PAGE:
Infants younger than 1 year tend to show fewer clinical manifestations of the disease, and various features are common by age group. Some studies found that typical mucosal and lymph node changes were absent in infants younger than 6 months. Patients younger than 6 months also had a lower incidence of strawberry tongue and indurative edema of the palms and soles compared with older patients24,25).
The diagnosis of KD is difficult in infants because its presentation is usually atypical and similar to that of other diseases. In our experience, distinguishing between KD and enteroviral meningitis in febrile infants with cerebrospinal fluid pleocytosis poses a diagnostic challenge26). We identified longer duration of fever before admission, higher absolute neutrophil count, increased C-reactive protein (CRP) level, pyuria, and less prominent cerebrospinal fluid pleocytosis as initial features of infants finally diagnosed with KD26). We also encountered the unusual case of infantile parotitis unresponsive to antibiotics and accompanied by prolonged fever that was diagnosed as incomplete KD with coronary complications27).
The current guidelines recommend that infants aged 6 months or younger with fever for 7 days or longer without other explanation should undergo laboratory investigation for indicators of a systemic vascular response (i.e., erythrocyte sedimentation rate [ESR], CRP level)28).
KD is frequently associated with elevation of inflammatory markers including ESR, CRP, and platelet count. Other laboratory findings such as high white blood cell (WBC) count (neutrophilic type), nonseptic pyuria, low sodium levels, hypoalbuminemia, or elevated liver enzymes may supplement the diagnosis29).
KD is rare in infants younger than 3 months of age. The presumptive explanations for this phenomenon include the protective effect of passive immunity transmitted from the mother and the lower possibility of exposure to unknown airborne pathogens because the infants live indoors.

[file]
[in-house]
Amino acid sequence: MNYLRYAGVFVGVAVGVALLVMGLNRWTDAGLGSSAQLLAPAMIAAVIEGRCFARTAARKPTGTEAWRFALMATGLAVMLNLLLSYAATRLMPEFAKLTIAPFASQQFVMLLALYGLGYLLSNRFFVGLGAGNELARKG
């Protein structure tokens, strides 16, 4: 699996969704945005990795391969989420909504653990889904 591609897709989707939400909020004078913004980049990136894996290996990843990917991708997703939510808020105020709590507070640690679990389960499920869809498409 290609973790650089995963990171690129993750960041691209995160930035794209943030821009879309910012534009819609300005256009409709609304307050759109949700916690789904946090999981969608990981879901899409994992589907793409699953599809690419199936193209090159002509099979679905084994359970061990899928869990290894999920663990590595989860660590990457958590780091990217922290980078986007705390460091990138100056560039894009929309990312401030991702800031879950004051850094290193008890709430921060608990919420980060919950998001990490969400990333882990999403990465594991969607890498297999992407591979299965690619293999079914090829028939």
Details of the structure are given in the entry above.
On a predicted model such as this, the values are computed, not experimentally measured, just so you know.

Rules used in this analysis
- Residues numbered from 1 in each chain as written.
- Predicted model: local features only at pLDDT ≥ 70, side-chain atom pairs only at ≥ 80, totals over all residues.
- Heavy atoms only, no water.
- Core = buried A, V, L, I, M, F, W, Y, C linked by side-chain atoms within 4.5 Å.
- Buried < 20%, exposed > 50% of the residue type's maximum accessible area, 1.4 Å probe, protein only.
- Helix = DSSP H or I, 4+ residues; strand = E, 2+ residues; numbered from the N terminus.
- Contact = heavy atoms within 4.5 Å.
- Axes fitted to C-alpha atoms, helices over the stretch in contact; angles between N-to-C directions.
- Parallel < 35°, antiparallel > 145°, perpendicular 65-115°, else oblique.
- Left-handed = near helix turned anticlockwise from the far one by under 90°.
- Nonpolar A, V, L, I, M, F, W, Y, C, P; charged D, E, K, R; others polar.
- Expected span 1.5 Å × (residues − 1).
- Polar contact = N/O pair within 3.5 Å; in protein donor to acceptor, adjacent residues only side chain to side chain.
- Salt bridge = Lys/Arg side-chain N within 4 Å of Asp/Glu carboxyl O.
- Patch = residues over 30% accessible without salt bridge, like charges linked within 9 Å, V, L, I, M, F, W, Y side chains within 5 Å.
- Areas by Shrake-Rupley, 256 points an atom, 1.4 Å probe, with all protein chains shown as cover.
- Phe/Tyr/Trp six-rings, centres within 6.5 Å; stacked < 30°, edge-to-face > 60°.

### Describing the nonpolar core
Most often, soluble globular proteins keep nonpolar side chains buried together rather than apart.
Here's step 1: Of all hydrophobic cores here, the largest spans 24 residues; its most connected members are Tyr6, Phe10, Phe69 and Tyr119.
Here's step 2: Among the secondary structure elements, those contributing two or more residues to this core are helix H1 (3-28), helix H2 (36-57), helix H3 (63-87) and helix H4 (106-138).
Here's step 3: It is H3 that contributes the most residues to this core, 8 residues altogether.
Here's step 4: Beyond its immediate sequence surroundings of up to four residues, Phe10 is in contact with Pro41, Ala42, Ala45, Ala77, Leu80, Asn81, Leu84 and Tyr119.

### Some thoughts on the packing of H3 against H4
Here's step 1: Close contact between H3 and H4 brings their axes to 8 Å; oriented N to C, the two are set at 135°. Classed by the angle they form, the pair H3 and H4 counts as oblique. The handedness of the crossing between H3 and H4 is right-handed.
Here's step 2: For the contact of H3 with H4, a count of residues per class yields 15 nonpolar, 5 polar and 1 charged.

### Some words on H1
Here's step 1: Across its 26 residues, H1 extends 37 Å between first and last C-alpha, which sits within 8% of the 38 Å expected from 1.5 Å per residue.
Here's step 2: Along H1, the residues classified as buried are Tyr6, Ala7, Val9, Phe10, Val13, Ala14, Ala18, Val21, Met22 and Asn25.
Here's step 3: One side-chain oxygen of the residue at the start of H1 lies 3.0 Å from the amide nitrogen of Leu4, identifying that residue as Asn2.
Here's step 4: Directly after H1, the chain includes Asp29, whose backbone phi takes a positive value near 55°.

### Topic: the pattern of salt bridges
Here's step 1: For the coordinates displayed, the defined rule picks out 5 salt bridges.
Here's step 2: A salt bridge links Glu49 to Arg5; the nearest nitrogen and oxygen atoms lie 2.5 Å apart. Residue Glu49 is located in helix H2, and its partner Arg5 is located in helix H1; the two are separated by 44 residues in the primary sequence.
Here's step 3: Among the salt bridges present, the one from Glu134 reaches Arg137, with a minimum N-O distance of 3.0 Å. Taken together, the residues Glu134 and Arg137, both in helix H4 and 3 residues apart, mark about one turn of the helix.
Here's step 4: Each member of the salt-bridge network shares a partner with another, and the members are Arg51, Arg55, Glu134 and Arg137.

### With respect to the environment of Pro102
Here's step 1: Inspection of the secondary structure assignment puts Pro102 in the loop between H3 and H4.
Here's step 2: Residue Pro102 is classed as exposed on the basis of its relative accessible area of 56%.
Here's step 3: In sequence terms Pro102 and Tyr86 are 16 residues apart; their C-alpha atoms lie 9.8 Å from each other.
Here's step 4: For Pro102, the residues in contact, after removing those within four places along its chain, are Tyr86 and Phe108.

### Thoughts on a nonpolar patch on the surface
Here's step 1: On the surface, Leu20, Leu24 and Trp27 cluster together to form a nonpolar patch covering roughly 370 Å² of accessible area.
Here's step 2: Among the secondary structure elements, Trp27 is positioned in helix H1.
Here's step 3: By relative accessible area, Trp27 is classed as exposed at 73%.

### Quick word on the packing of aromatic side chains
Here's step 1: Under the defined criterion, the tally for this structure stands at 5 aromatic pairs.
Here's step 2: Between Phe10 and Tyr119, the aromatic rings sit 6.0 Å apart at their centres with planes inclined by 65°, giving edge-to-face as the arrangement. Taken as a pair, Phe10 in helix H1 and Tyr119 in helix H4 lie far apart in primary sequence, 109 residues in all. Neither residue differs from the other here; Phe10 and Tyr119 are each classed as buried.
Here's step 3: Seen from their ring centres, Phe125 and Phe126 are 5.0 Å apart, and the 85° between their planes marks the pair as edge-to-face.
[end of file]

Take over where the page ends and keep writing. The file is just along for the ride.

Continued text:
Some studies have reported that infants younger than 6 months old take the longest time to diagnose, are the least likely to fulfill the major clinical criteria, and have the least favorable laboratory results, all of which are risk factors for developing coronary artery abnormalities3,4,30). Coronary artery aneurysm is more frequently observed in infants younger than 6 months, although not statistically significant. Patients younger than 1 year old have more frequent high WBC count and sterile pyuria, but less neck lympadenopathy30). Because many infants present atypically, KD should be considered in all children of 1 year or less with prolonged fever, extreme platelet count elevation, and no compelling alternative diagnosis30,31).
Witt et al.32) concluded that coronary artery abnormalities were more common in cases who did not meet the criteria (20%) compared with those who had the complete clinical presentation (7%). Despite the potential risks of overdiagnosis and overtreatment, this practice seems justified because the complete criteria are an insensitive indicator of having or developing coronary artery abnormalities.
In a retrospective study of 562 patients diagnosed with KD at 8 North American centers, 16 percent were diagnosed after the first 10 days of the illness (i.e., late diagnosis)33). Predictors of delayed diagnosis of KD included age below 6 months, clinical presentation of incomplete KD, greater distance from a tertiary center, and variability between clinical centers. The results of this study underscore the need for a high index of suspicion of KD, especially in infants and patients who present with incomplete KD, in order to identify and treat patients in a timely manner.
These age-specific characteristics could aid customization of the diagnostic and therapeutic strategies in KD, thereby helping to improve the outcome of the disease.

What does incomplete KD in infants mean?

The term "atypical KD" has recently been used to describe patients with an incomplete presentation of the disease, regardless of the presence of coronary complications34,35), and is interchangeable with "incomplete KD." In the absence of a specific test, the diagnosis of clinically incomplete KD based on the history, physical examination, and clinical laboratory results can be challenging.